dc.description.abstract<table><tr><td colspan="2" class="item-title">Natural killer cell cytotoxicity: Methods analysis of two assays </td></tr><tr class="item-sponsor"><td class="label">Conference Sponsor:</td><td class="value">Western Institute of Nursing</td></tr><tr class="item-year"><td class="label">Conference Year:</td><td class="value">2003</td></tr><tr class="item-author"><td class="label">Author:</td><td class="value">Motzer, Sandra</td></tr><tr class="item-institute"><td class="label">P.I. Institution Name:</td><td class="value">University of Washington, School of Nursing, Department of Biobehavioral Nursing and Health Systems</td></tr><tr class="item-author-title"><td class="label">Title:</td><td class="value">Assistant Professor</td></tr><tr class="item-address"><td class="label">Contact Address:</td><td class="value">Box 357266, Seattle, WA, 98195-7266, USA</td></tr><tr class="item-phone"><td class="label">Contact Telephone:</td><td class="value">206.616.1461</td></tr><tr class="item-email"><td class="label">Email:</td><td class="value">underhil@u.washington.edu</td></tr><tr class="item-co-authors"><td class="label">Co-Authors:</td><td class="value">Tsuji, J.; Hertig, V.; Johnston, S. K.; Scanlan, J. </td></tr><tr><td colspan="2" class="item-abstract">Purpose and Background: Evaluation of immune function is a central component in the design of many nursing research studies. One important indicator of immune function is natural killer (NK) cell cytotoxicity (NKC). The gold-standard method of assaying NKC is the chromium (51Cr)-release method, despite inherent problems of reliability, sensitivity, radioactivity, and cost. Flow cytometry (FC), a newer method of NKC, may have methodological advantages over the 51Cr-release assay. The purpose of this study was to describe considerations for the use of 51Cr vs. FC NKC assays in research designs. Sample and Methods: The sample was 10 normal women (18-45 yrs) who had participated in an ongoing study of 51Cr NKC. A reserve sample of whole blood collected during the ongoing study was used here for FC NKC. Two additional persons each provided a single assay control (AC) sample (AC-A &amp; AC-B) to be run with every assay. Peripheral blood mononuclear cells (PBMCs) were separated using standard Ficoll-Hypaque centrifugation and then cryopreserved. Standard NKC assay protocols were followed. By batching some assays, we ran 7 FC and 10 51Cr NKC assays. We underestimated the amount of PBMCs required for FC NKC. Thus, both assays used 4 effector-target ratios (E:T) with replicate samples, but FC used lower E:T (75:1-9.38:1 in duplicate) than did our protocol for 51Cr (100:1-12.5:1 in triplicate). Here, to equitably compare NKC results, 2 of 3 51Cr percent specific lysis (PSL) values were randomly selected and then used in calculating lytic units-10 (LU10). Descriptive statistics, coefficients of variation, tests of homogeneity of variance, Wilcoxon signed-ranks tests, and Spearman rho were used in analysis. Results: LU10 coefficients of variation from 10 study subjects were 75% and 98% for 51Cr and FC, respectively. Variances were unequal (p &lt; .01). LU10 51Cr and FC coefficients of variation from AC-A samples were 44% and 86%, respectively; and from AC-B samples were 110% and 42%, respectively. Variances of the two methods were not significantly different for AC-A but were unequal for AC-B (p &lt; .05). Mean 51Cr LU10 was 14.3 + 10.8 and mean FC LU10 was 5.9 + 5.8 (p = .005); they were strongly and positively related (rs = .79, p = .006). Requisite amounts of whole blood to run 1 sample in triplicate at 4 E:T (100:1-12.5:1) was 3.5 ml for 51Cr and 14 ml for FC. After PBMC separation, our cost for supplies/disposal for each 51Cr assay was $67 and for each FC assay was $114. Technician time for running/analyzing each 51Cr and FC NKC was the same: 16 hrs. Conclusions: As expected, both within-subject and between-subject variability was large. Lower mean FC LU10 suggests lower sensitivity. Cost of 51Cr is less. 51Cr has radiation risk, but nuclear stains used in FC likely have carcinogenic risk. More blood is required to perform FC than 51Cr NKC. These considerations about reliability, sensitivity, biohazard risk, cost, and amount of blood may assist in study design.</td></tr></table>en_GB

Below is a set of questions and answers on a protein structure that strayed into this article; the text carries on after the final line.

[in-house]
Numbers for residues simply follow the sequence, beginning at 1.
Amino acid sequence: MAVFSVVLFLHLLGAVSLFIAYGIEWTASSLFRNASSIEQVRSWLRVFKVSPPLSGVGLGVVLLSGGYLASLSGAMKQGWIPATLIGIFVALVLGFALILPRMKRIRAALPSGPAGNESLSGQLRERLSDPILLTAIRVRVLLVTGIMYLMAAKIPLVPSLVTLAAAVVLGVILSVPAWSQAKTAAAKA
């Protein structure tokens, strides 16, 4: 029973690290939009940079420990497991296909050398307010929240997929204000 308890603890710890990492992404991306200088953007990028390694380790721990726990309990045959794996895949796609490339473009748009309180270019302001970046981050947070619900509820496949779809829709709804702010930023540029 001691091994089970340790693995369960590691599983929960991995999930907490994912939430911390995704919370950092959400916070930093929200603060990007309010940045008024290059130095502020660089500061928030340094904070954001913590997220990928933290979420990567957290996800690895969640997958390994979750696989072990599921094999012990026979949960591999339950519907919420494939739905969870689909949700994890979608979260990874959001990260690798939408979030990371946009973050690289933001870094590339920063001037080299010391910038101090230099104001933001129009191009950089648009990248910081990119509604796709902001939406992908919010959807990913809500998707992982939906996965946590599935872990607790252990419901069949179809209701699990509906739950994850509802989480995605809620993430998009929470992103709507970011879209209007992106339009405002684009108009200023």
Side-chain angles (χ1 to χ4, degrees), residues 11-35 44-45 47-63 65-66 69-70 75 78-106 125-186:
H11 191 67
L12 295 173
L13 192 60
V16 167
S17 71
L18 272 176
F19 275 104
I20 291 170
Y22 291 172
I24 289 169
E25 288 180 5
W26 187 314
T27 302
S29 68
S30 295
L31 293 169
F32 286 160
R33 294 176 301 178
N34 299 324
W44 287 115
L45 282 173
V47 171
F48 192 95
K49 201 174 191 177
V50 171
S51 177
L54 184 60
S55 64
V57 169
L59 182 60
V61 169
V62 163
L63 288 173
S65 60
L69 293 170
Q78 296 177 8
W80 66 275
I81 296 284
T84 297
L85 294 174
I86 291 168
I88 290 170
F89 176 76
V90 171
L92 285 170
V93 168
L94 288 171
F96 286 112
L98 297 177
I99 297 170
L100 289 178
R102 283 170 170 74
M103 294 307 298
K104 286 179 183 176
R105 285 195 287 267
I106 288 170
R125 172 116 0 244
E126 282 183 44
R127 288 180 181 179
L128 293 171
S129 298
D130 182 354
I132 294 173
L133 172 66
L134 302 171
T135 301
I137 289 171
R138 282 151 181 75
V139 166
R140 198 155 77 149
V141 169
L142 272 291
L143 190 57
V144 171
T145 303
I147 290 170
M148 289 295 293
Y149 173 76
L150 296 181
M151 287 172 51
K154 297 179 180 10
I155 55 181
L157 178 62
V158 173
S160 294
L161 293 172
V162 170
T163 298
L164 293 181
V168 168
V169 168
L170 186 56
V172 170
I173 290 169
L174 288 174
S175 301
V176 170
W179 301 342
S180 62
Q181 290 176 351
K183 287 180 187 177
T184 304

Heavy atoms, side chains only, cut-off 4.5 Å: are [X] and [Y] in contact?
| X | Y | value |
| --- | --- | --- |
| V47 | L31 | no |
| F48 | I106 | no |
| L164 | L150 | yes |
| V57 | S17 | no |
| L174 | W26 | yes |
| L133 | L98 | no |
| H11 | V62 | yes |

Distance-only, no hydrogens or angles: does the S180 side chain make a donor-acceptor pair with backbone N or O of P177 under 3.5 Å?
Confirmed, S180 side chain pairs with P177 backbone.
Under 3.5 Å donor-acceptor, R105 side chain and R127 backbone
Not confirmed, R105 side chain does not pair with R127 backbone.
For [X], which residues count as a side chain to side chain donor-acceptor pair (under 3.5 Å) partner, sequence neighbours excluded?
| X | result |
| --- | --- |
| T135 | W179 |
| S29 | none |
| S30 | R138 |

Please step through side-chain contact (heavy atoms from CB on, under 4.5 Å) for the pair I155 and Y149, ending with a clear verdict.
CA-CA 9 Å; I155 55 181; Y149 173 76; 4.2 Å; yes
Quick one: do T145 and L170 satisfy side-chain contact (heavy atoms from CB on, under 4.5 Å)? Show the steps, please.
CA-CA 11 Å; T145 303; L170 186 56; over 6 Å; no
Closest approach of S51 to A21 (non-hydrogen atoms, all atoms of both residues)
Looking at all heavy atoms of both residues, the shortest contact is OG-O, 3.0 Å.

dc.date.available2011-10-26T20:43:15Z-
dc.date.issued2011-10-17en_GB
dc.date.accessioned2011-10-26T20:43:15Z-
dc.description.sponsorshipWestern Institute of Nursingen_GB